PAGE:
I’ve said it before, and I’ll say it again: I love beer.
My wife, too, enjoys a high quality beer now and then. But her gluten intolerance made me feel…well, guilty if I was sitting across from her at the dinner table, sipping a cold, tasty bottle of beer while she downed another glass of ice water.
So when she discovered gluten-free beer, I was all for giving them a try. Oh sure, I was skeptical at first. When it comes to beer I’ve always been kind of a purist. To me, mainstream brands that advertise during the Super-Bowl are the equivalent of pork-rinds to a vegan – I just won’t touch the stuff. So I wasn’t sure how I’d react to a beer that wasn’t brewed the traditional way with traditional ingredients like barley or wheat.
Well, I tried them — and for the most part, I liked them! Gluten-free beer (GFB) does take some getting-used to. The difference is usually apparent from the first sip, as the taste of gluten-free beer tends to be sweeter due to high sugar content. That’s because gluten-free beer is often brewed with sorghum, a type of grass that is used, among other things, to feed livestock. Certain species known as “sweet sorghum” have been grown in the southeastern U.S. since the mid-nineteenth century. In some parts of the US, sorghum syrup is even used on pancakes.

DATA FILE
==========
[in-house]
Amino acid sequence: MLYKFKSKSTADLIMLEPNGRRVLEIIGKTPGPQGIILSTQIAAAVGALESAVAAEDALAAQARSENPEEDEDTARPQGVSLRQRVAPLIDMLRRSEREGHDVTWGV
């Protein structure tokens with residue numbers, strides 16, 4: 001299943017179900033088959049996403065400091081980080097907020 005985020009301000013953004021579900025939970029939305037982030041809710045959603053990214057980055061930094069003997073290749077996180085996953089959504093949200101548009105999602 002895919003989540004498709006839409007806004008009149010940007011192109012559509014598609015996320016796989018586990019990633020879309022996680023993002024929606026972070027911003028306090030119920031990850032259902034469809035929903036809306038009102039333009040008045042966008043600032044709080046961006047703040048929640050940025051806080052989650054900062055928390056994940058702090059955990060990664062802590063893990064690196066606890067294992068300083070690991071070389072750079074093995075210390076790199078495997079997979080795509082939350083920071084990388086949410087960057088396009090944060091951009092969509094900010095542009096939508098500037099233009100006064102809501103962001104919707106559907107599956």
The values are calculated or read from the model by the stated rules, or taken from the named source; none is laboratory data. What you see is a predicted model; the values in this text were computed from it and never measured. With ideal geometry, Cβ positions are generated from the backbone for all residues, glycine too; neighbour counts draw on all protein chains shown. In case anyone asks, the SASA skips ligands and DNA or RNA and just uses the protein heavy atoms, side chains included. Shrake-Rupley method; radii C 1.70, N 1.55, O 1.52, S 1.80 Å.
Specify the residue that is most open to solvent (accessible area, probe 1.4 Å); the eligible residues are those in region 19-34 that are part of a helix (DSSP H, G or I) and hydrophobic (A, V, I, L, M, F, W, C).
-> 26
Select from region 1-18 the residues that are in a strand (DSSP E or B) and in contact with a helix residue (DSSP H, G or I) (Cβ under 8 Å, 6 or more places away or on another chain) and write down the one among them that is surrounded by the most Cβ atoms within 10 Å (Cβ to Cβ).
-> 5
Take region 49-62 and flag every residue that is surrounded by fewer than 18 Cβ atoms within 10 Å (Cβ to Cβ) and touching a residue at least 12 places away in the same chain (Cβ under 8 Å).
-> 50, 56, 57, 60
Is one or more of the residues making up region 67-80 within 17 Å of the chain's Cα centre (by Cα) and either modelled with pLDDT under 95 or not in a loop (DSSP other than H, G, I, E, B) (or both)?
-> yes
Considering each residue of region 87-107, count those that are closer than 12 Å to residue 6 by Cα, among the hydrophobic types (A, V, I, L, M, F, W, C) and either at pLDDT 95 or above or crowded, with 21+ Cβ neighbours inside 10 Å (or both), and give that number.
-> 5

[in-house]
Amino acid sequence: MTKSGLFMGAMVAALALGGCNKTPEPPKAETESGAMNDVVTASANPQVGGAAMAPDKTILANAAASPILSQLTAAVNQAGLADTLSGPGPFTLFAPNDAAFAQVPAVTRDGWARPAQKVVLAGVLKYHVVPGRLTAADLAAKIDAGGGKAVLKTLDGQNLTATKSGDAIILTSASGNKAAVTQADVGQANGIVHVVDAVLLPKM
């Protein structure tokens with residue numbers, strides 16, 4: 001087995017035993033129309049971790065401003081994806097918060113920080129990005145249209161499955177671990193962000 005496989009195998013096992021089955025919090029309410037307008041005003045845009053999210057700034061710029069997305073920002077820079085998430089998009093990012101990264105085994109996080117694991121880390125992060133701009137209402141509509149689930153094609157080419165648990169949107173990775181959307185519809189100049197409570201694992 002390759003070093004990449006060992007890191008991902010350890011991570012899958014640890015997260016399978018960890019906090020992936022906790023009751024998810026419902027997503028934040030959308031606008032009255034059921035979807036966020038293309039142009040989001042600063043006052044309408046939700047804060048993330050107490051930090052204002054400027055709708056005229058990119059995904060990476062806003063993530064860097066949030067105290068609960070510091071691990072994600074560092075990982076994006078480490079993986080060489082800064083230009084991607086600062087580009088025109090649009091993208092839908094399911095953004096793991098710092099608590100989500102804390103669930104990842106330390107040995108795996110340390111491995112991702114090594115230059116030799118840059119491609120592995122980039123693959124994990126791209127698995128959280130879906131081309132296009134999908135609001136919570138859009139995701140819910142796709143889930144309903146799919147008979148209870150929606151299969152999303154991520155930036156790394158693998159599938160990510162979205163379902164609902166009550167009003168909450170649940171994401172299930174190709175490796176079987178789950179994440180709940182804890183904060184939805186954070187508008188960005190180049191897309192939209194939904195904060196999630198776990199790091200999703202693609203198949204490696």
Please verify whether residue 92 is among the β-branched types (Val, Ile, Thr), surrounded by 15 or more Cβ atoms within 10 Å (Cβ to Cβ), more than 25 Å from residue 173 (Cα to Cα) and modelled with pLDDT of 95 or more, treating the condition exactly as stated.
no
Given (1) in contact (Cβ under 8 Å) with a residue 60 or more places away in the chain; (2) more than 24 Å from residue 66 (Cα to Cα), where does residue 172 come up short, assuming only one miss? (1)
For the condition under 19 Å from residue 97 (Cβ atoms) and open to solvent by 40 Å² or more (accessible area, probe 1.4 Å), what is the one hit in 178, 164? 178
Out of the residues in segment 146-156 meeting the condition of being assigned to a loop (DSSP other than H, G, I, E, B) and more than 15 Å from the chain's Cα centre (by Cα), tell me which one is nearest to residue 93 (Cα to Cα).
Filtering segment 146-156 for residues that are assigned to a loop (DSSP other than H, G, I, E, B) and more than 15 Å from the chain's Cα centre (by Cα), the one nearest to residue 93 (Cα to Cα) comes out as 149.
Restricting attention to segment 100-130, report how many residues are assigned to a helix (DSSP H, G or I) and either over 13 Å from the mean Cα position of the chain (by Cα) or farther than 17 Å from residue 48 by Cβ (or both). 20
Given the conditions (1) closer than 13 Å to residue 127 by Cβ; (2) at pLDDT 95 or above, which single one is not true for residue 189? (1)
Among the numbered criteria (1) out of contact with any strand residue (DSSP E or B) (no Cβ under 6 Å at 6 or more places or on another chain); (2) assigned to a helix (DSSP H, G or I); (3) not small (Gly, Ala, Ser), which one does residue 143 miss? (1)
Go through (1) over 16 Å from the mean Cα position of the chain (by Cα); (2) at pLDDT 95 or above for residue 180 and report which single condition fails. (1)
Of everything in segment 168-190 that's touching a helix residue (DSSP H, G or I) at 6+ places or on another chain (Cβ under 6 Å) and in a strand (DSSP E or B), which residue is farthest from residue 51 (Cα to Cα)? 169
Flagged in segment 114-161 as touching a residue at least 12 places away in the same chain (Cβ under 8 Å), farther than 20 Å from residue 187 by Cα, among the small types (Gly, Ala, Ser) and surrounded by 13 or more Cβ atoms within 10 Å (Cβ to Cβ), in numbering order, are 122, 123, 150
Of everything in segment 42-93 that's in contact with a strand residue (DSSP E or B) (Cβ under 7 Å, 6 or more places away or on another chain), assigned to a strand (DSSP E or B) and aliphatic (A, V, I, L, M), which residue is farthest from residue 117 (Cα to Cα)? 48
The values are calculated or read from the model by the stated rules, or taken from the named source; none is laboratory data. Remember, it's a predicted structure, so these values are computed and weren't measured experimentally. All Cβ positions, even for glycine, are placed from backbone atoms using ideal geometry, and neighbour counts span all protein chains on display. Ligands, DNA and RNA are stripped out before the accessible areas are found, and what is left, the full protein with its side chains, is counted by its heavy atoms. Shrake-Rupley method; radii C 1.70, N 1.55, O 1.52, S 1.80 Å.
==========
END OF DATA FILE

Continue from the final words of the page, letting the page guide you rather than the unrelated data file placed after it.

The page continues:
Now, I’ve never tasted sorghum syrup, but I’m told that it tastes similar to molasses. If so, that would explain the taste of BARD’S Sorghum Malt Beer. The molasses taste hits you hard with the first sip, and is not complemented by any noticeable flavor of hops. This has the unfortunate effect of not dampening the sweetness, which lingers and then grows stronger after you swallow before becoming sour. Also unfortunate is the lack of carbonation in BARD’S. Although the pour resulted in a respectable frothy head, the taste was somewhat flat like a real English ale. Lea thought the taste started out well when the beer was really cold but went downhill quickly as it warmed up slightly. Overall, I was put-off by BARD’S highly sweet flavor and lack of carbonation. In my opinion, as a gluten-free beer, BARD’S is drinkable…but only if you can’t find a gluten-free alternative and you REALLY want a beer.
Interesting tidbit: BARD’S was created and marketed by two guys who both have Celiac disease, and is brewed with only natural, pure ingredients like sorghum, yeast, hops and water. So while the taste of BARD’S did not appeal to me, I can appreciate their efforts to address the need for gluten-free beer and to do it with all natural ingredients.
Check out G’s other gluten-free beer reviews: RedBridge, New Grist and Toleration.
I recently tried Daura, estrella damm, and thought it was the closest to “real” beer. You and your wife should try it. I found it at whole foods.